She and Conran split up in 1962. He gave her an envelope with four weeks' pay inside. When she talks about it now, Shirley Conran sounds like one of the plucky heroines of her novel.
"I might say, in business terms, it was my fault--I had no contract, no stock . . . ." And Conran says it was two years before she and her estranged husband arranged a financial settlement that she emphatically says did not leave her a wealthy woman.
At the Daily Mail, "I just sat there because it was free and I hoped they didn't know I was using the phone to look for jobs at other papers," remembers Conran. She eventually became a full-time design writer at the Mail and was married for five years to the sales director of an automobile designing company.
In the late '60s, divorced again, Conran contracted viral pneumonia and stopped working.
"I began to have money problems," she recalls, though she says everyone always thought she was "tremendously" rich. "I had a five-story brownstone in London. I couldn't afford a maid and learned how to do housework." Soon she couldn't afford the town house, either, so she rented it out.
Finally, in 1975, she hit with a book that told in a breezy way how she coped with running a household with two sons and no help. "Superwoman" was "about housework and how to avoid it." It became a best seller in nine countries with four sequels that sold so well that in 1978, Conran's accountant suggested she move to the tax-free principality on the Riviera, Monte Carlo.
Conran seems defensive of her reputation as a writer. She asks her interviewer if he liked her book and, receiving a lukewarm answer, suggests his wife will appreciate it more. She didn't like it either, says the interviewer. In her whiskey voice, Conran expresses surprise.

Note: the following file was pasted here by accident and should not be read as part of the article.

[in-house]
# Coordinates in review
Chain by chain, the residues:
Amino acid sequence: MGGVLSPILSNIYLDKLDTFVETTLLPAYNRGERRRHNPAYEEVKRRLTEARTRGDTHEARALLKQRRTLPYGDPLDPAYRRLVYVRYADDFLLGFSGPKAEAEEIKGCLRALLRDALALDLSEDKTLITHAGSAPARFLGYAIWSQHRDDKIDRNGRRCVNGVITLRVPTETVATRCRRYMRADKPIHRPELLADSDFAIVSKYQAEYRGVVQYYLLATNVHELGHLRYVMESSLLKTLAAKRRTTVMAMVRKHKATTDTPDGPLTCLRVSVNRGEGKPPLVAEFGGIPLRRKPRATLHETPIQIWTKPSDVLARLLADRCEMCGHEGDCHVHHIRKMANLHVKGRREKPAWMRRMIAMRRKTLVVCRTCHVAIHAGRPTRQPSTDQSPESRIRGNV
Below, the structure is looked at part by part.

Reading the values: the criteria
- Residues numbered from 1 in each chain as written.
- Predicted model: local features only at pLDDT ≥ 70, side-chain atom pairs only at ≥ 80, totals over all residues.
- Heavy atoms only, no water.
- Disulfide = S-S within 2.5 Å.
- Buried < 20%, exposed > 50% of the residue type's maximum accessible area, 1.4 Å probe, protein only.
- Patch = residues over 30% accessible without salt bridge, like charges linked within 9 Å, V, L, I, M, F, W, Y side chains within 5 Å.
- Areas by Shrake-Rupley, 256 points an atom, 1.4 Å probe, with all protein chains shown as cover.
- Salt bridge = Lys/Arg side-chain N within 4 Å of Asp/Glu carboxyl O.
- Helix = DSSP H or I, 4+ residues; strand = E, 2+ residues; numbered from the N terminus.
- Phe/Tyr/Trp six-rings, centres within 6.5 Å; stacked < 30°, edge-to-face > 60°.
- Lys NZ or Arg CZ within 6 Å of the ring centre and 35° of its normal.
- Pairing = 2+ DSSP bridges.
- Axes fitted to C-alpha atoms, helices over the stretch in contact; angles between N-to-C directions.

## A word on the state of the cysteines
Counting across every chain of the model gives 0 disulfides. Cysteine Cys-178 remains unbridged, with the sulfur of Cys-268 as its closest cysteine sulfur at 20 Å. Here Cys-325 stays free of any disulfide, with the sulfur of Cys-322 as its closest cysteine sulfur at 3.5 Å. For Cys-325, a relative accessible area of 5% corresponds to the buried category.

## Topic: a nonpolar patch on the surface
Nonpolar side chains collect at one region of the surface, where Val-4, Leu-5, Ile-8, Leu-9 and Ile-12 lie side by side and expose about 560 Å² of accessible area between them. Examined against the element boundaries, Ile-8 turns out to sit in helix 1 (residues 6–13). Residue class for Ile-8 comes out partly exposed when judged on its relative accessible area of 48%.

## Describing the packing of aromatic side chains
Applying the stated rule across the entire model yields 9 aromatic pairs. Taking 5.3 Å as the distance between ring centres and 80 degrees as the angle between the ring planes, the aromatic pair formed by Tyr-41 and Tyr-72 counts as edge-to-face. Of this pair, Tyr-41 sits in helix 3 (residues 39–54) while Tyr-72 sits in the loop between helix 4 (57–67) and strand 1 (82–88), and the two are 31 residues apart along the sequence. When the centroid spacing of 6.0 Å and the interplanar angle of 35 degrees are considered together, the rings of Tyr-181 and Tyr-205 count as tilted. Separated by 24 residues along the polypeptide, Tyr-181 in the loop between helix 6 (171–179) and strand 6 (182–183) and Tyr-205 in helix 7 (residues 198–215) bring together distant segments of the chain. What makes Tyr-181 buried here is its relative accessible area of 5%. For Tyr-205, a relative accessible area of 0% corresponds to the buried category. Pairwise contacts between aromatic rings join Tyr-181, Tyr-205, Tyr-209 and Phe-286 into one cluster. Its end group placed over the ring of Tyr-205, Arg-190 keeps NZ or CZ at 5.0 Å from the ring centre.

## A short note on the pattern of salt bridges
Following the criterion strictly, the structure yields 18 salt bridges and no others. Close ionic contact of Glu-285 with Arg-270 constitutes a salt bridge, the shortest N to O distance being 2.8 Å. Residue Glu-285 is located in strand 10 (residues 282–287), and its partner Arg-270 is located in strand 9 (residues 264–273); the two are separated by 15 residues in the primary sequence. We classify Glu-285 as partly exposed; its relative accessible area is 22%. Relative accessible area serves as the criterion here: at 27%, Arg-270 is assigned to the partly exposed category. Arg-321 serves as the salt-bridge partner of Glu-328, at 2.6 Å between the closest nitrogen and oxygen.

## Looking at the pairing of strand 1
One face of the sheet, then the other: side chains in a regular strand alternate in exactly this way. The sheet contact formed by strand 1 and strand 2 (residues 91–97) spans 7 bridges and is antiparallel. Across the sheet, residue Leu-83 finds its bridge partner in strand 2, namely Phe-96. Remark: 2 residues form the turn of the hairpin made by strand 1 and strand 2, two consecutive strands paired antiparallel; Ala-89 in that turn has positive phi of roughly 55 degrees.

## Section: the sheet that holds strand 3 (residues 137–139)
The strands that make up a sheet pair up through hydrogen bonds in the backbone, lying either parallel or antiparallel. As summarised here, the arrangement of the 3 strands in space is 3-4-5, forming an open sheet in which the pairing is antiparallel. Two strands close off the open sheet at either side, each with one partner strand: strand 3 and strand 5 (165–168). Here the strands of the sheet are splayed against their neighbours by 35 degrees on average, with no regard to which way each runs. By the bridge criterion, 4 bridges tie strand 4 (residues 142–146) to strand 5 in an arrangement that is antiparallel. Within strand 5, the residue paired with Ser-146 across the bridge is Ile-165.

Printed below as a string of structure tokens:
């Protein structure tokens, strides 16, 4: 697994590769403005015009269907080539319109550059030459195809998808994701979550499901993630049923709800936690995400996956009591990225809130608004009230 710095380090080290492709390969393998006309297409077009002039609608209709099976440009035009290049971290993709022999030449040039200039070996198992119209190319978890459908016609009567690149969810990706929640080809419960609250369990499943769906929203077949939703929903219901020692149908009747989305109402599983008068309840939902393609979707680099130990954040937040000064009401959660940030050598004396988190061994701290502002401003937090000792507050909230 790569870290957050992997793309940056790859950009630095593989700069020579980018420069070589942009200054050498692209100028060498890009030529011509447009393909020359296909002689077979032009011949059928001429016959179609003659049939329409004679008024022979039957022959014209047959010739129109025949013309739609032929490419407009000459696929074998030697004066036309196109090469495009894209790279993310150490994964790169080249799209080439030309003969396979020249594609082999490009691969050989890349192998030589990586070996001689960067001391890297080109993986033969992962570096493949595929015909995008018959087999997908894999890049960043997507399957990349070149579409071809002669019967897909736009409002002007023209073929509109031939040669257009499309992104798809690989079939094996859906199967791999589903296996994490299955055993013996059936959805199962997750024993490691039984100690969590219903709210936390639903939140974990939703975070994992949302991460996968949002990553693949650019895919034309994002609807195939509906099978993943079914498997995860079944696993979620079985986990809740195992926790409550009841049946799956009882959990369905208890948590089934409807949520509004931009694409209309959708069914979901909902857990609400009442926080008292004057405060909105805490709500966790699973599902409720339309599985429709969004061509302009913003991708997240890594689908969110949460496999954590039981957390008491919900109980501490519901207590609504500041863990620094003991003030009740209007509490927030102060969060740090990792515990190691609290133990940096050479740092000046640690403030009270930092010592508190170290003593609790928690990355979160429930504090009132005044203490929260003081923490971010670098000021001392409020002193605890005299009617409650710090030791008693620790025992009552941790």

"Women have been my subjects for 20 years," says Conran, "and I know what I'm doing. I studied them as if they were a different species . . . and I'm very fond of them. I know my audience very well. One-third of my audience is men, who read me to find out what women are thinking about."
Conran began writing the outline for "Lace" in the Beverly Hills Hotel on her birthday three years ago this month. She was tired of researching books, and thought she'd try her hand at a novel for a change of pace. First came the title.
"I wanted something that would have a different connotation to everyone and would be short," she recalls. Throughout the book there is plenty of lace, especially as in lingerie.
"Then," says Conran, "I invented four characters, and then I had to invent a solution."
The New York publisher who handled "Superwoman" suggested Conran show her 26-page synopsis to lawyer and super-agent Morton Janklow, whose clients include Judith Kranz, William Safire, Marvin Kalb and Sidney Sheldon. Late in 1979, Conran met with Janklow.
"What I saw," recalls Janklow, "was very well thought-out. She had a powerful commercial proposal--if she could write to that proposal. 'Listen,' I told her, 'I can sell from this proposal but if you're not under any pressure, I'd rather sit tight until you write the book.' I waited 18 months. I'd call her up and schmooze about it every once in a while."
Conran already knew about Europe, so the London, Paris and French countryside scenes were no problem. Her knowledge of this country was courtesy of a five-week Greyhound tour she took "down the left-hand side, across the Gulf of Mexico and up the right side with my American Express card stuck in my bra."
And her four characters who went to school together all achieved success in fields which Conran herself had worked: public relations, interior design, journalism and fashion. Conran says she took descriptions of her characters to a psychiatrist to "check them for motivation and plausibility."
But what of the steamy sex scenes? Conran shrugs. And the Middle Eastern potentate who introduces a goldfish into his lovemaking? "A sort of kindergarten Japanese perversion," she says.
Conran delivered all 1,300 manuscript pages of "Lace" to Janklow last summer. He proposed the book to five publishers, and within a week, according to Janklow, all were "wildly interested." Michael Korda won the book with his minimum offer of $750,000, a total, Janklow says, Simon & Schuster earned back in foreign and dramatic rights before the book even went on sale last month.
When Conran visited Washington a couple of months ago to begin her promotion tour, she asked a buyer for Crown Books what she thought of her racy romance.
"Trashy," said the book chain executive matter-of-factly, "but it'll sell."
Right on the money.